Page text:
People. Process. Systems.

Andy Croghan
19th July 2017

Food and Drink manufacturing

Recently Optimum PPS has been working with several organisations across the food and drink industry sector. This growing sector is currently facing many unique issues and how an organisation prepares and manages these issues has the potential to make or break their growth plans. In a new series of  blogs Andrew Croghan aims to take a deeper look in to some of these issues and highlight how some members of the food and drink industry are taking action to not only ensure their survival but thrive.

Some of the challenges the food and drink industry has been facing are specific to its sector and they have been facing them for many years. These include dealing with the volatility of their supply chain costs, constantly managing small profit margins, labour and skill shortages and the ever-changing demands of the end customer. This final point is exacerbated by the fact that food and drink manufacturers have to manage relationships within the retail industry, which itself is still struggling to find a successful balance between the high street and online marketplaces. On top of these already difficult operating conditions comes Brexit and the associated economic uncertainty on the horizon. Yet, the sector is currently booming in the UK. (this is something we have had first-hand experience with over recent months following the opening of our Glasgow offices, as the sector is a force to be reckoned with in Scotland.)

With all this in mind, the recent BDO Food and Drink Report has found that in order to help manage the challenges that will be thrown at the industry over the coming months, 66% percent of the respondents are planning to invest in manufacturing automation. This is because the industry see’s the benefits automation can bring. Reducing production costs in the long term, maximising productivity and output, reducing waste, but also, automation goes some way to addressing a key concern for the industry, labour shortages. With 57% of respondents experiencing difficulties because of struggling to obtain and access the labour and skills they need. These benefits and many more mostly point to one essential goal, reducing operation and production costs to improve profit margins. With the retail grocery market amid an elongated price war, the industry is absolutely right to focus on this goal.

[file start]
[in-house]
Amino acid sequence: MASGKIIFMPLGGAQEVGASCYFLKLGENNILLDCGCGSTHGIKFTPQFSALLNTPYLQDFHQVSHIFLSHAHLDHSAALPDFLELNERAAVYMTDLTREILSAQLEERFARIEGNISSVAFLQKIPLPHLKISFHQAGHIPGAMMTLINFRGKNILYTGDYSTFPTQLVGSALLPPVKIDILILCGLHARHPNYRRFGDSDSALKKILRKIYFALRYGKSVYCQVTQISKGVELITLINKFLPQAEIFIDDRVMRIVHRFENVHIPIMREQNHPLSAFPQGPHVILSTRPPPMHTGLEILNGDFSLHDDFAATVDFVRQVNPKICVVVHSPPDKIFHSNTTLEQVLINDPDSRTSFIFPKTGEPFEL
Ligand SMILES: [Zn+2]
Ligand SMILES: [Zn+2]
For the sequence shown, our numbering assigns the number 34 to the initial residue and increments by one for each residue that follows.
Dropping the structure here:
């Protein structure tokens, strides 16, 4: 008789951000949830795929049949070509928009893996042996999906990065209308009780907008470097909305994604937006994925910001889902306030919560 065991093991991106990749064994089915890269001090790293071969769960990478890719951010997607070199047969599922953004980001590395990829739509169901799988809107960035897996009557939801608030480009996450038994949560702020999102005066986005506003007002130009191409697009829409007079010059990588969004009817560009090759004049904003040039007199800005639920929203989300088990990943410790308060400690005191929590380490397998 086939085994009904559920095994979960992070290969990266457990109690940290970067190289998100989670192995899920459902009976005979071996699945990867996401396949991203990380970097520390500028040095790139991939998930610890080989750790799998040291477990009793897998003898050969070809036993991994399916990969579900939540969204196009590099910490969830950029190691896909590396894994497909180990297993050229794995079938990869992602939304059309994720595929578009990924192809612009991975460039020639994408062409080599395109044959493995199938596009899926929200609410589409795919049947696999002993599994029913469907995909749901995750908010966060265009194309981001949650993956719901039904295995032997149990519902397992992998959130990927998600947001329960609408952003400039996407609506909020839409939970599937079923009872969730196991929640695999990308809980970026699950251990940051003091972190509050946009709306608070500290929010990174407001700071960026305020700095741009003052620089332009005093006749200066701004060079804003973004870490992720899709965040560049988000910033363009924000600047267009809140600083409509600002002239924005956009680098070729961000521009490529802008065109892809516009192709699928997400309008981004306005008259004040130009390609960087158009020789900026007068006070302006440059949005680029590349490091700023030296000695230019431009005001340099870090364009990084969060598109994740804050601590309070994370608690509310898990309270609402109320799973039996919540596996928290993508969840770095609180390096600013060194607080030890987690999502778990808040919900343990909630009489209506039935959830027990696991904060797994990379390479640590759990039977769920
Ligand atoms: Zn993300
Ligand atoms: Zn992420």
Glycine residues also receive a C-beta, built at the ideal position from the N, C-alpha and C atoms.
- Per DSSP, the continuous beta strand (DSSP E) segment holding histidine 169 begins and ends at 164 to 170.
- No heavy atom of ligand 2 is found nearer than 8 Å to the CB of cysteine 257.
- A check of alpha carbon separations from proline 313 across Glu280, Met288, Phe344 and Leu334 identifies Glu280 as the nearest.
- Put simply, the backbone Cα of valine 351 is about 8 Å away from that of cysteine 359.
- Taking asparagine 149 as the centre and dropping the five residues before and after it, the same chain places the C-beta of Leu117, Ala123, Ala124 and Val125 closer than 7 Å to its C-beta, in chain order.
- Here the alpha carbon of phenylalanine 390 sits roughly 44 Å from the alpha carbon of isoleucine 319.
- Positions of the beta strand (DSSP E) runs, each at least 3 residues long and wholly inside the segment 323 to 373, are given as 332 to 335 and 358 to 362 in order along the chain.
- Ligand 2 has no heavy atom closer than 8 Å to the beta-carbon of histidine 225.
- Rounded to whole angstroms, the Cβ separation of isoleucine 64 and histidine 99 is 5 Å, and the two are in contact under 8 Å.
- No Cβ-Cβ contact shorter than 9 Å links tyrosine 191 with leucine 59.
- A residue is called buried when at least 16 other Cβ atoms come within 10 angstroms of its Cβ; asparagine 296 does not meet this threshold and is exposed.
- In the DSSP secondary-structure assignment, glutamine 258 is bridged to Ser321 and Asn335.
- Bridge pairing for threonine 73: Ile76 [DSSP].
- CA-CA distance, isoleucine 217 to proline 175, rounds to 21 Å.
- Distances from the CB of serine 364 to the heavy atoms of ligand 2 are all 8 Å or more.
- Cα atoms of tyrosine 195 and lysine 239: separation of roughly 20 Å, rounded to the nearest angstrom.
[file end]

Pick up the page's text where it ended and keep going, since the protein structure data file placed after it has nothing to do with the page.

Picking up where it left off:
It is clear from the BDO report that food and drink industry is looking to technology to help address its pain points. However, as many organisations across all sectors know, digital transformation and process automation is not as easy as plugging in, switching on and then seeing the ROI.

The industry currently has one of the lowest automation densities in the UK so there are few working examples for an organisation to learn from. As a result, it could prove difficult for an organisation to correctly plan and prepare for this change without access to the learnings of their peers. In our experience achieving long term success from implementing automated machinery can often be dependent on the business systems they operate on top off.  (If you would like to read more on this, take a look at our previous blogs where we have discussed the importance of addressing an organisations people, processes and systems to ensure a business is best placed to manage a successful business change project.)

Another key area for consideration within food and drink manufacturers preparations for embracing new technology is their ability to manage and utilise the increase in data that will be made available to them from automated machinery and other aspects of new technology. One key example of what we mean is utilising the external data that is usually out of an organisations control that can have a direct impact on the food and drink sector, such as weather conditions. Weather conditions can affect produce yield, quality and transport times. There are working examples of how food and drink manufacturers have exploited collecting weather forecast data and combining this with their existing data from the impact the forecasted conditions have had previously. This has allowed for businesses to adjust their expected yield in real time and in turn better manage their stock control, reducing losses caused from under or over stocking.

The key point I am trying to make here is that there are many benefits to embracing technology within the food and drink industry and automation is certainly central to addressing some of the industry’s pain points. However, to successfully implement automation technology it is important to simultaneously address existing business systems and ensure you have an effective plan for data management. Combining these 3 areas can place an organisation in a strong position to extract the maximum value from their investment in both the short and long term.

I will continue to address the issues facing the food and drink industry and the potential solutions to these in my upcoming blogs over the coming weeks.

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